After signing a free-agent deal with the Philadelphia Phillies in the offseason, former Blue Jay Michael Saunders, 30, played poorly enough to get himself designated for assignment with a .205/.257/.360 slash line over 61 games. After being released by the Phillies, Saunders signed a minor league deal with the Blue Jays at the end of June and joined the Bisons, hitting .224/.289/.342 before going on the DL. Returning from the DL after missing about 10 days, Saunders found his form, hitting .329/.356/.471 with five doubles, a triple and a home run in 16 games before getting called up to Toronto for September. With the Blue Jays, Saunders hit just .167/.250/.167 in 12 games. While he's still on the Blue Jays' 40-man roster, Saunders will be a free agent after the end of the season and it's doubtful that he'll be signed back with the Blue Jays.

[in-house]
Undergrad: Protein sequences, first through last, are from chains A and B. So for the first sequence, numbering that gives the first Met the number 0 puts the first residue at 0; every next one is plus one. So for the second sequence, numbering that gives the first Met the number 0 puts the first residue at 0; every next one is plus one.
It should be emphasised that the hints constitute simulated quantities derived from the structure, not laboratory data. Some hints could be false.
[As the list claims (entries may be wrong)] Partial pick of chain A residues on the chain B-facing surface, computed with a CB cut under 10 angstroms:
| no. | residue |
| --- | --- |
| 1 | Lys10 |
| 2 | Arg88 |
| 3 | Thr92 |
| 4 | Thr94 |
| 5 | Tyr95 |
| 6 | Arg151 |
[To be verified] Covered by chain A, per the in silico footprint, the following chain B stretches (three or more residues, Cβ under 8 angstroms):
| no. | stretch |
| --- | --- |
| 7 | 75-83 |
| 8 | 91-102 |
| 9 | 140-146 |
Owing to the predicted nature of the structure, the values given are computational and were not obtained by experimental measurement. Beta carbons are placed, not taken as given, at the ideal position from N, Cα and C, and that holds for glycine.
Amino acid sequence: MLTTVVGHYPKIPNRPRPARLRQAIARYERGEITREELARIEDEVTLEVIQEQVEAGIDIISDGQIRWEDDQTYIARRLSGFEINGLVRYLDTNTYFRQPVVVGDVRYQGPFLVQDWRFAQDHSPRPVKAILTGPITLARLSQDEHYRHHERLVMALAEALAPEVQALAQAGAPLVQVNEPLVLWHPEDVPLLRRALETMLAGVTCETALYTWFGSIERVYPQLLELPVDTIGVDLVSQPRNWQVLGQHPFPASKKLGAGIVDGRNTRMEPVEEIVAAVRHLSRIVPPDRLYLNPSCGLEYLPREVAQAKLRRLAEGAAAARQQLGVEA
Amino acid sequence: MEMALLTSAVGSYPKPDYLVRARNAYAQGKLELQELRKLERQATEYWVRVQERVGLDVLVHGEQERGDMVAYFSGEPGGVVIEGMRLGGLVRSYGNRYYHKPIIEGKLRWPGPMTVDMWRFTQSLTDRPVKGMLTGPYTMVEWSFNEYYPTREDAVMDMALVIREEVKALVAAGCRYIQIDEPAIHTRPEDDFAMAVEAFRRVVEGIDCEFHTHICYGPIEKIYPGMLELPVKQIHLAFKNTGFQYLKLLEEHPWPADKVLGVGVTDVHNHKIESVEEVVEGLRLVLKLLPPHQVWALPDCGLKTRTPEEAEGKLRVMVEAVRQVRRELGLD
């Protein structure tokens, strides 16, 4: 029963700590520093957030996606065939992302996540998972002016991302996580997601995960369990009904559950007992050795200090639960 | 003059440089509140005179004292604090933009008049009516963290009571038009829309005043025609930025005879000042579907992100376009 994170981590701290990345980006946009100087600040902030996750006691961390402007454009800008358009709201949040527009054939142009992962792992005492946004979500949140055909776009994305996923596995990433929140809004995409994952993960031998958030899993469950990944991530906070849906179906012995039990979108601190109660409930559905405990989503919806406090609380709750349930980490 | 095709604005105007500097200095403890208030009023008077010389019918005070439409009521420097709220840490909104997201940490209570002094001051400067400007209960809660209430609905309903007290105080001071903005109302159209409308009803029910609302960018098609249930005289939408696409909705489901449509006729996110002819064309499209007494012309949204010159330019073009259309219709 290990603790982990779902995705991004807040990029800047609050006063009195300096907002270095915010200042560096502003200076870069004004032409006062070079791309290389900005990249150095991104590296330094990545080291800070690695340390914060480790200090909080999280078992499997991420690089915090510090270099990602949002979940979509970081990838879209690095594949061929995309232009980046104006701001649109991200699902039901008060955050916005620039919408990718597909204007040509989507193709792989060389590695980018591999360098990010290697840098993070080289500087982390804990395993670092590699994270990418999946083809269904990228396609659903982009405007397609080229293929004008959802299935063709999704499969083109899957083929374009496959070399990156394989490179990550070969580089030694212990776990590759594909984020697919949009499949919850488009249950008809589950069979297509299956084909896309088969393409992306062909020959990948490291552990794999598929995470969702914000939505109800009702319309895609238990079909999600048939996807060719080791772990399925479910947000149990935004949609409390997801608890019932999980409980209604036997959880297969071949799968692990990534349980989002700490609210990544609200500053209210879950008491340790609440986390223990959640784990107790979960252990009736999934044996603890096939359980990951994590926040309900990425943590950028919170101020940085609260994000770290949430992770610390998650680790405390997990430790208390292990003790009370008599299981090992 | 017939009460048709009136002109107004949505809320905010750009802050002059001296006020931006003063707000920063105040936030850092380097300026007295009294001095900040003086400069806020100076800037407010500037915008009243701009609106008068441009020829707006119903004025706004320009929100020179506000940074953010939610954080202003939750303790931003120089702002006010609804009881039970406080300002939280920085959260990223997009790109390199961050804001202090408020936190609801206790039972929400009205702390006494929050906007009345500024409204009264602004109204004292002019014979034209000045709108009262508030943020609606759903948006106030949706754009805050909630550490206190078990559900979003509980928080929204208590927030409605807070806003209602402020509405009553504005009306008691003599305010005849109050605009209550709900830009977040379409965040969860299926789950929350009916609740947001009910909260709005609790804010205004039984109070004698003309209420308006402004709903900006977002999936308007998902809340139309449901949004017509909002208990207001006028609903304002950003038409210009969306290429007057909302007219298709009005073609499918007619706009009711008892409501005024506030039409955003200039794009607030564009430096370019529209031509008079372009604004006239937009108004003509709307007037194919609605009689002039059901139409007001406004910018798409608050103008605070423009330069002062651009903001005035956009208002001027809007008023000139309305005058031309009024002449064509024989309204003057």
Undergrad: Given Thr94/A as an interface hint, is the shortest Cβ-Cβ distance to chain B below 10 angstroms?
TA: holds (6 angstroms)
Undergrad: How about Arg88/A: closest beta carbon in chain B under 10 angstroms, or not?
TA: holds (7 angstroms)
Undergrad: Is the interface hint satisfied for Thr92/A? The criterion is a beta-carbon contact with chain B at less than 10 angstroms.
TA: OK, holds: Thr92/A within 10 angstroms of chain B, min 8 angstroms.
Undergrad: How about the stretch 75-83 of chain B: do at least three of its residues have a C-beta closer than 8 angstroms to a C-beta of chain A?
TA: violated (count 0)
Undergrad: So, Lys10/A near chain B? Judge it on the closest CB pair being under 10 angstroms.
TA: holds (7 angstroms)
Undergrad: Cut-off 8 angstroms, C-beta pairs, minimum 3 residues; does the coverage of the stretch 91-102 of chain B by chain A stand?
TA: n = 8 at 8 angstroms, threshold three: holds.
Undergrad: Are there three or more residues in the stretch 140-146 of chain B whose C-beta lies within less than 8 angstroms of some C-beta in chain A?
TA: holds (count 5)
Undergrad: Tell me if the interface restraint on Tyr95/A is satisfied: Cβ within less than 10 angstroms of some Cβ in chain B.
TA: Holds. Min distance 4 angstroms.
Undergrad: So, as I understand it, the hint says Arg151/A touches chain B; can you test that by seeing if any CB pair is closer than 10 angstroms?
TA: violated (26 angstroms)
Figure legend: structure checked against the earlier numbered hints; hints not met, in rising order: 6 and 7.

Twenty-seven-year-old Darrell Ceciliani struggled with his bat in 2017 but struggled even more with injuries as he only got into 31 games all season at three levels. Ceciliani started his season with Buffalo, playing 21 games before getting a promotion to Toronto. In his third game, playing against the Atlanta Braves on the road, Ceciliani went 2-for-2 with a double and a home run but also injured his shoulder, only coming back in July for six games with Dunedin and one with Buffalo before re-injuring it and having surgery to end the season. Ceciliani hit .156/.198/.169 with the Bisons but slugged his way to a .389/.450/.444 slash line in six games wtih Dunedin and went 2/5 with the Blue Jays. Ceciliani is on the 60-day DL, meaning that if he's going to return to the Jays' 40-man roster, someone will have to go to make room for him.
Steve Pearce also played a couple of games in Buffalo, going 2/7 with five strikeouts and a walk.
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The 2017 Toronto Blue Jays Minor League Handbook is now available! Check out the Handbook page for more information!